Risks, Opportunities, and Realities of Children's Internet Usage: A Few Moments with Sonia Livingstone. As Social Psychology Professor and Head of the Department of Media and Communications at the London School of Economics and Political Science, Sonia Livingstone is one of the most respected researchers in the growing sector of children’s online risk and safety.
Livingstone directs LSE’s research project, EU Kids Online, a 25-nation thematic network funded by the EC’s Safer Internet Programme looking at children, young people and the Internet in an effort to supply policy makers with the best possible advice on how to educate and protect against online risks and opportunities. This past September, she and members of her network released one of the largest studies of its kind to date, Risks and Safety on the Internet, a detailed, face-to-face survey, which interviewed 25,000 European children and their parents across 25 countries. Presentations and outputs - EU Kids Online - Research - Department of Media and Communications. Books O'Neill, B., Staksrud, E., & McLaughlin, S. (2013)Towards a better internet for children?
Policy pillars, players and paradoxes. Gothenburg: NordicomFlyer and purchase information| Livingstone, S., Haddon, L., & Görzig, A. (eds) (2012). Www.spirto.health.ed.ac.uk/wp-content/uploads/SPIRTO_Newsletter_Feb2014.pdf. The experiences of 11-16 year olds on social networking sites. The experiences of 11-16 year olds on social networking sites NSPCC research February 2014 This report describes the experiences of 11-16 year olds on social networking sites and the strategies they use to deal with things that upset them online.
Researchers conducted an online self completion survey in December 2012 of 1,024 11-16 year olds in the UK. New Tab. Global Social Media Impact Study Blog UCL UCL Social Networking Sites & Social Science Research Project. The Little Prince is probably the novel which I have read the most times.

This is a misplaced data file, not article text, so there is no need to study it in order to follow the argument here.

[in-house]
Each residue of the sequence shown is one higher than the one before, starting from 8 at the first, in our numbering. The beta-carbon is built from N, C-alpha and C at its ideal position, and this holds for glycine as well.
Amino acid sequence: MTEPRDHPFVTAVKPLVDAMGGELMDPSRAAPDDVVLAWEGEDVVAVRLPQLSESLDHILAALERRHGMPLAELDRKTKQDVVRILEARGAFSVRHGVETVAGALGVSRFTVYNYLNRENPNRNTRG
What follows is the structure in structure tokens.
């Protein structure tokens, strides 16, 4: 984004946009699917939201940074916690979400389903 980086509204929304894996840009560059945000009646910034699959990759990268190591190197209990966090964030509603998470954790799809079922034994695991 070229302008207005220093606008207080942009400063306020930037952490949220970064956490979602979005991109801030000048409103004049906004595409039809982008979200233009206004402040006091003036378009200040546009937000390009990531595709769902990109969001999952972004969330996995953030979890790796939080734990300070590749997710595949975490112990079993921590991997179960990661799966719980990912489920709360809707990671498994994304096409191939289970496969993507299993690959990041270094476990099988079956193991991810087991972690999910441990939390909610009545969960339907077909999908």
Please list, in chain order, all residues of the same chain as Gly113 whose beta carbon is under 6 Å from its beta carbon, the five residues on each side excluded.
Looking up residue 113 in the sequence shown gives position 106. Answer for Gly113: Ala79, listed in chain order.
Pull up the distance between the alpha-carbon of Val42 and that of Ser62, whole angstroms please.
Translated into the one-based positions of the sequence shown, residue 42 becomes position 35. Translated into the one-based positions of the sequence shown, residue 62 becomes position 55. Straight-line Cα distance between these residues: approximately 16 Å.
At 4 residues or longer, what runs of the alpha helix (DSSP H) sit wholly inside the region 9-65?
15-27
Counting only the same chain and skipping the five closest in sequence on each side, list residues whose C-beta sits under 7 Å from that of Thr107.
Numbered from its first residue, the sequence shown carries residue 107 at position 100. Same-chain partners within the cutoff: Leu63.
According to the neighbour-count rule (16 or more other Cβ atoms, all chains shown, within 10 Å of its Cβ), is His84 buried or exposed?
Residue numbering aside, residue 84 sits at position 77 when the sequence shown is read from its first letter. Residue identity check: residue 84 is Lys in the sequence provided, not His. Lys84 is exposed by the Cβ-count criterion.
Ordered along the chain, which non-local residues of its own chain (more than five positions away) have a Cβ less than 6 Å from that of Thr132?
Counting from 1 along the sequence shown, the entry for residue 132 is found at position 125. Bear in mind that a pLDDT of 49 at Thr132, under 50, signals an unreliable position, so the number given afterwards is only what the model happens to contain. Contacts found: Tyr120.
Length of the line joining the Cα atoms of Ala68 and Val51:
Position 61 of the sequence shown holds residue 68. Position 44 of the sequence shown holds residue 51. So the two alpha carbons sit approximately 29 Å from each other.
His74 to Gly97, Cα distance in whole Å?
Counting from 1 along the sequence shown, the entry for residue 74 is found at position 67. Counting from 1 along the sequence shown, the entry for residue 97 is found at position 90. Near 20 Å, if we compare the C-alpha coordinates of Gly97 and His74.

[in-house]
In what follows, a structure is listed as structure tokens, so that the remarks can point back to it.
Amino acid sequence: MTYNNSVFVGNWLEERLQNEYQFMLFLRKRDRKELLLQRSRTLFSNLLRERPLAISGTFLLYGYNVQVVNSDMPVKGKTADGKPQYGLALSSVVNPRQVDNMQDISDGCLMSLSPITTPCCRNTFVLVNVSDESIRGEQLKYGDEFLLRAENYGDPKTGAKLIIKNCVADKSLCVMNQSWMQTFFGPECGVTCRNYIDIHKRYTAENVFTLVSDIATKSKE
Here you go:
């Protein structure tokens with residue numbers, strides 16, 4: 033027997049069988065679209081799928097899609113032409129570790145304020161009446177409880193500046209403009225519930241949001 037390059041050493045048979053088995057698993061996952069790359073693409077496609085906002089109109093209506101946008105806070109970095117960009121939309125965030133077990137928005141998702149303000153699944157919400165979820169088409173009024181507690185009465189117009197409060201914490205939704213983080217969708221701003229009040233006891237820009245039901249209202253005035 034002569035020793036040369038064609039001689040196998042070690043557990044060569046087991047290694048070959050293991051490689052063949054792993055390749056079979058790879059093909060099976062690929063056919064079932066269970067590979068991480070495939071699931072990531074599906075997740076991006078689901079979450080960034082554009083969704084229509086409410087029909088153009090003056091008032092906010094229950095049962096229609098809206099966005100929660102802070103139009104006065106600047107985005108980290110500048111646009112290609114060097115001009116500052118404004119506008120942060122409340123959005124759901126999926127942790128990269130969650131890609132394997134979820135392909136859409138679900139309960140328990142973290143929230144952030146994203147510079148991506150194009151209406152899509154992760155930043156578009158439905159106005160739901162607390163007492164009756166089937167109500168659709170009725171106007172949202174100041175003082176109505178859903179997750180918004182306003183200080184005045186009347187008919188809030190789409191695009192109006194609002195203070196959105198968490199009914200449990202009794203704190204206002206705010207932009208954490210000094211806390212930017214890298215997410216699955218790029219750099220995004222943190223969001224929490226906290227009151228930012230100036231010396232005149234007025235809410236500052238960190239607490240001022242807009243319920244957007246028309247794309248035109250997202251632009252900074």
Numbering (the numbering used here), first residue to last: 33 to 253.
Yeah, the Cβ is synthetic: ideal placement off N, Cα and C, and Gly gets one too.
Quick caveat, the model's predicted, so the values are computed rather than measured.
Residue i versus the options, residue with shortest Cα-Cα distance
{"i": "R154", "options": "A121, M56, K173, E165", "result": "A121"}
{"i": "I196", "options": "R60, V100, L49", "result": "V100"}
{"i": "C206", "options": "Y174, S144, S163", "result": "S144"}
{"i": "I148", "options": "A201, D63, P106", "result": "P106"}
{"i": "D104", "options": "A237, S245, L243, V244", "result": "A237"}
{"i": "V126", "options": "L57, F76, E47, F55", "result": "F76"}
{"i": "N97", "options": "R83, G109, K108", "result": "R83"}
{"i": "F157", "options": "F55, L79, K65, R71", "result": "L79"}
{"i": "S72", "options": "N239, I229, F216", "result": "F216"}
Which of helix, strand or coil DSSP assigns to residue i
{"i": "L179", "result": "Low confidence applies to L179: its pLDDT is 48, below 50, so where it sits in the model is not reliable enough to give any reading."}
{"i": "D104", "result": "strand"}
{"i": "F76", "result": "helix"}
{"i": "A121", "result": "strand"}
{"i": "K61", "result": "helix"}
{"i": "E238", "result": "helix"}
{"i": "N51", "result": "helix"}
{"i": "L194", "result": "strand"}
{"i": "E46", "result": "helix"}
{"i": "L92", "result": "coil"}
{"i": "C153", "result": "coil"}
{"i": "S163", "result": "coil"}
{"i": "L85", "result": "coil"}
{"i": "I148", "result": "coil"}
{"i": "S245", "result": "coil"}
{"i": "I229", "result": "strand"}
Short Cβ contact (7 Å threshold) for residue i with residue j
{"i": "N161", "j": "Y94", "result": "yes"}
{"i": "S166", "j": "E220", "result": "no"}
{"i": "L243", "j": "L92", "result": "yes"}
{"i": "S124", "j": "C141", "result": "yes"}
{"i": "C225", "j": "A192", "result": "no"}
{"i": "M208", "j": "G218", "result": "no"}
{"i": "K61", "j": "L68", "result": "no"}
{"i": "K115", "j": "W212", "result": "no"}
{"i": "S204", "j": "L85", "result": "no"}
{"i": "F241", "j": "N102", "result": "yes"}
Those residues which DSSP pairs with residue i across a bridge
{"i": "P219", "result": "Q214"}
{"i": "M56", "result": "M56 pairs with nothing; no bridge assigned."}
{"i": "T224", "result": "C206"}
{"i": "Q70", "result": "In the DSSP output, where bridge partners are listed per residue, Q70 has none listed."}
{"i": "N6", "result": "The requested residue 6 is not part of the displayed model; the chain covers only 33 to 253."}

Each time I read it, I am warmly touched. Amid field work, I am reading it again. My favorite part is the conversation between the fox and the little prince, when the fox tells the little prince that meaning of ‘to tame’ is to ‘establish ties’. “Just that,” said the fox. “To me, you are still nothing more than a little boy who is just like a hundred thousand other little boys.
I have to quote the whole lot what the fox said, not only because it is beautifully written, but also it reminders me of a recent talk between myself and my informant LX about QQ (social media) permission settings. 5 sites teens flock to instead of Facebook - Slide Show. If your kids aren’t on Facebook, where are they?
Try Snapchat, a start-up Mark Zuckerberg reportedly just tried -- and failed -- to acquire for $3 billion. There’s no need to burn after reading: This app’s files self-destruct. The service is designed for savvy teenagers who don’t want to leave an Internet footprint. Released in September 2011, users can send “Snaps” — photos or videos — that last between 1 and 10 seconds, depending on the limit set by the sender. It already has 100 million users and 350 million snaps sent daily, according to a spokeswoman for the app. Launched in November 2012, this mobile app allows users to create and share videos, photos and voice tracks, plus make live broadcasts and share posts of 420 characters or less. This app has lofty goals: Develop a “social art community,” and bring art to children around the world.